Tuesday February 24, 2009
Jon Gripton, In Hollywood
A war of words has broken out between Britain and the US, after Slumdog Millionaire and Kate Winslet led the UK film industry to its best night at the Oscars for years.
Slumdog director Boyle: "It's just one film". It was back in 1982 that Chariots of Fire scriptwriter Colin Welland famously warned Hollywood that the "Brits are coming."
Well now they are here in force, but a senior industry figure has accused the big American studios of damaging British film-making. Peter Carlton, chief commissioning editor at Channel 4 films, has hit out at distribution deals that gave little or nothing back to independent film financiers.
“They (the studios) make sure they’re the first in line for the profits. And the second and third in line as well. It’s damaging to the whole British film industry,” he told The Times.
At a Hollywood post-Oscars lunch hosted by the UK Film Council to celebrate the achievements of British Academy winners and nominees, the mood was more positive about the future, in spite of the economic downturn.
"This year's Oscars is good news, great news, for British film making," said Chris Corbould, nominated for best visual effects for his work in The Dark Knight.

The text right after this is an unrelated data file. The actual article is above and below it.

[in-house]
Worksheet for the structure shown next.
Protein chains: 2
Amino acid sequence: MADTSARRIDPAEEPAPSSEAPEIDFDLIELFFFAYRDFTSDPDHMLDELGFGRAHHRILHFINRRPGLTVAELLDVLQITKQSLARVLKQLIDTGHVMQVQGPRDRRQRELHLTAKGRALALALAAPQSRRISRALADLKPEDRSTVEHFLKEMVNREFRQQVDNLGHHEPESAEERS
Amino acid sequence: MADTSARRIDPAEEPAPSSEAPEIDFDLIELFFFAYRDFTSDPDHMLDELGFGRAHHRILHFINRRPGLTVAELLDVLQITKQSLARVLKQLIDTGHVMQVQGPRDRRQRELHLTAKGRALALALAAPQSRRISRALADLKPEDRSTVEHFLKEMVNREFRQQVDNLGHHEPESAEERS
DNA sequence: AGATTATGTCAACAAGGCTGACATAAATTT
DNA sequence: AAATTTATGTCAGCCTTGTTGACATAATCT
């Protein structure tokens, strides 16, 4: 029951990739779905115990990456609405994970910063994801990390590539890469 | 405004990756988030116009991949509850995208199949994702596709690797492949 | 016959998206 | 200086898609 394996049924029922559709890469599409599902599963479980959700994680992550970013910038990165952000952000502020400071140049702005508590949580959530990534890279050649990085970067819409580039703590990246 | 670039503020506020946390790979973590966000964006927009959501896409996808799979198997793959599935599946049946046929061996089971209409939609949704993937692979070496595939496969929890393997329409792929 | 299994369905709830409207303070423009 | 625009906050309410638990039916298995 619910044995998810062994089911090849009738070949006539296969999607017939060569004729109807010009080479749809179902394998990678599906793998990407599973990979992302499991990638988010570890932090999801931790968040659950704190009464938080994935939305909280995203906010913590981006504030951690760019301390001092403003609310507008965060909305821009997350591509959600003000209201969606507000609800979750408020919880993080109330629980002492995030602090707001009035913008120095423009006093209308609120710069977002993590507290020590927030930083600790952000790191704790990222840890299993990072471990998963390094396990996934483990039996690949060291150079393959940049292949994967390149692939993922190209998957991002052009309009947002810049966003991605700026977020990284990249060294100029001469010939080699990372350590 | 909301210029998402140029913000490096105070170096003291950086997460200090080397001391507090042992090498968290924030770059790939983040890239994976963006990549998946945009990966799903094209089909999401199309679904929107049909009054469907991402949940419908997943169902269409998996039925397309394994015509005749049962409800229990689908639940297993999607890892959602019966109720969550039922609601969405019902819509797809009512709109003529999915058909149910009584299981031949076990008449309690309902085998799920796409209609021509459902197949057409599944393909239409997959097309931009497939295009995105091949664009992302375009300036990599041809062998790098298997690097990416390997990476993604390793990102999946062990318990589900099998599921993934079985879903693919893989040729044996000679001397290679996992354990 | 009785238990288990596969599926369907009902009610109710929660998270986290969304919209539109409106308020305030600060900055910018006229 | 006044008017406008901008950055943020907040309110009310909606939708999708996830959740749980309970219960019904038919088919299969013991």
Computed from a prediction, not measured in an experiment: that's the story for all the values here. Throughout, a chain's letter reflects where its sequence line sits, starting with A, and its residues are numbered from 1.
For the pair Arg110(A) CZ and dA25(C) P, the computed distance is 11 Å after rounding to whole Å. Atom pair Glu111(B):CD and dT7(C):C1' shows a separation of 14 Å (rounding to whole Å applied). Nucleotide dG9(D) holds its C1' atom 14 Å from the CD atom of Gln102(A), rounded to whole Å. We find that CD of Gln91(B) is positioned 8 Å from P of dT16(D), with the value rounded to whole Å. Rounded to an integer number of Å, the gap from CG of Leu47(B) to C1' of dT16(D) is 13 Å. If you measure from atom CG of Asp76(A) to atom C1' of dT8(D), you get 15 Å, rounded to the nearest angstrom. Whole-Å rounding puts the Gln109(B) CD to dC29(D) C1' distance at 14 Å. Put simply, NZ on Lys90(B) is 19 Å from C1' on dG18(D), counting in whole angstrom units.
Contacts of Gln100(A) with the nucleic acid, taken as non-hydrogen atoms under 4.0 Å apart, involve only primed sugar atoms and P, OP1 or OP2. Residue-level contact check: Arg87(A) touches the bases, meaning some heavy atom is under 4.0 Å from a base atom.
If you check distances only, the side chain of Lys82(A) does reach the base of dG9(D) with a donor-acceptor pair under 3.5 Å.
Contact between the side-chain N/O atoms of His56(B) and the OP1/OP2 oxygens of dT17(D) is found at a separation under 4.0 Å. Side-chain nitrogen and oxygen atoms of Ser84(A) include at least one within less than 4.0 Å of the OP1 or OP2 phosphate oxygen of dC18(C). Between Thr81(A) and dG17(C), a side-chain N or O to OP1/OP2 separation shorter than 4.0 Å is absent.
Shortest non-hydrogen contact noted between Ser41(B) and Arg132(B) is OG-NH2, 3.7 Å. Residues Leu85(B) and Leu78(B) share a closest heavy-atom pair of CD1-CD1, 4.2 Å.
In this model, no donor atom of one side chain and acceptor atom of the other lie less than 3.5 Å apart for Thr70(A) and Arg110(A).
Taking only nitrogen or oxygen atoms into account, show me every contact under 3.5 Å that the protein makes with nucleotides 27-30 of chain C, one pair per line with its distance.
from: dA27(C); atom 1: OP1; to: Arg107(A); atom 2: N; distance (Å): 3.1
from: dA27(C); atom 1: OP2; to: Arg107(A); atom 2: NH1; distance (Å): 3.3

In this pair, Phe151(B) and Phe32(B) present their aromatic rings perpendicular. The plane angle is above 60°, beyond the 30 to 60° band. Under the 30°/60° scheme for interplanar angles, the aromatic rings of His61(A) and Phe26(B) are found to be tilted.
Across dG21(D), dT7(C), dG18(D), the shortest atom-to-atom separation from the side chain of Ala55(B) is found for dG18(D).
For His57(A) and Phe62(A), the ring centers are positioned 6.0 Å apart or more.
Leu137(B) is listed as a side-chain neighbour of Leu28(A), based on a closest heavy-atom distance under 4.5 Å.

Himesh Kar, a senior executive of the UK Film Council New Cinema Fund, said: "We lead the world in creative talent, and these Oscars are very good for every facet of our film industry.
"They are really important for the way we are perceived: and America is no longer the key. Yes it is important, but so is the rest of the world."
Slumdog Millionaire, by way of example, has a British director, writer and producers, but was shot in Mumbai with a largely Indian cast.
A new film backed by the New Cinema Fund, White Lightnin', was shot in Croatia.
And Nexus Productions, which made Oscar nominated animated short film This Way Up are using the Oscars season to generate new ideas and new business while they are in Hollywood.
"The nomination gives us credibility and is already opening doors for us," said producer Charlotte Bavasso,
"Britain needs these breakout films to show the international film industry that there is a huge appetite and audience for independent British film," said Tessa Ross, controller of Slumdog producer Film4.
Cinema attendance in Britain rose last year, thanks in part to the smash Mamma Mia! But the number of feature films made in the country fell 10 percent to 111.
And with the economy in recession things won't improve anytime soon, even with 11 British Oscars on the country's mantelpiece.
Dan Jolin, features editor of movie magazine Empire, said the global economic downturn was hitting producers, especially independents, who are finding it tough to get bank loans and other financing.
"It's great that a film by a Mancunian director shot in Mumbai with a cast of unknowns can triumph," he said. "But I think the reality is the British film industry isn't in fantastic shape at the moment."
Slumdog director Danny Boyle has urged calm and realism after the euphoric night in Hollywood's Kodak Theatre.
"You’ve got to be careful of claiming that this marks the renaissance of the British film industry. It is one film," he said.
Selasa, Februari 24, 2009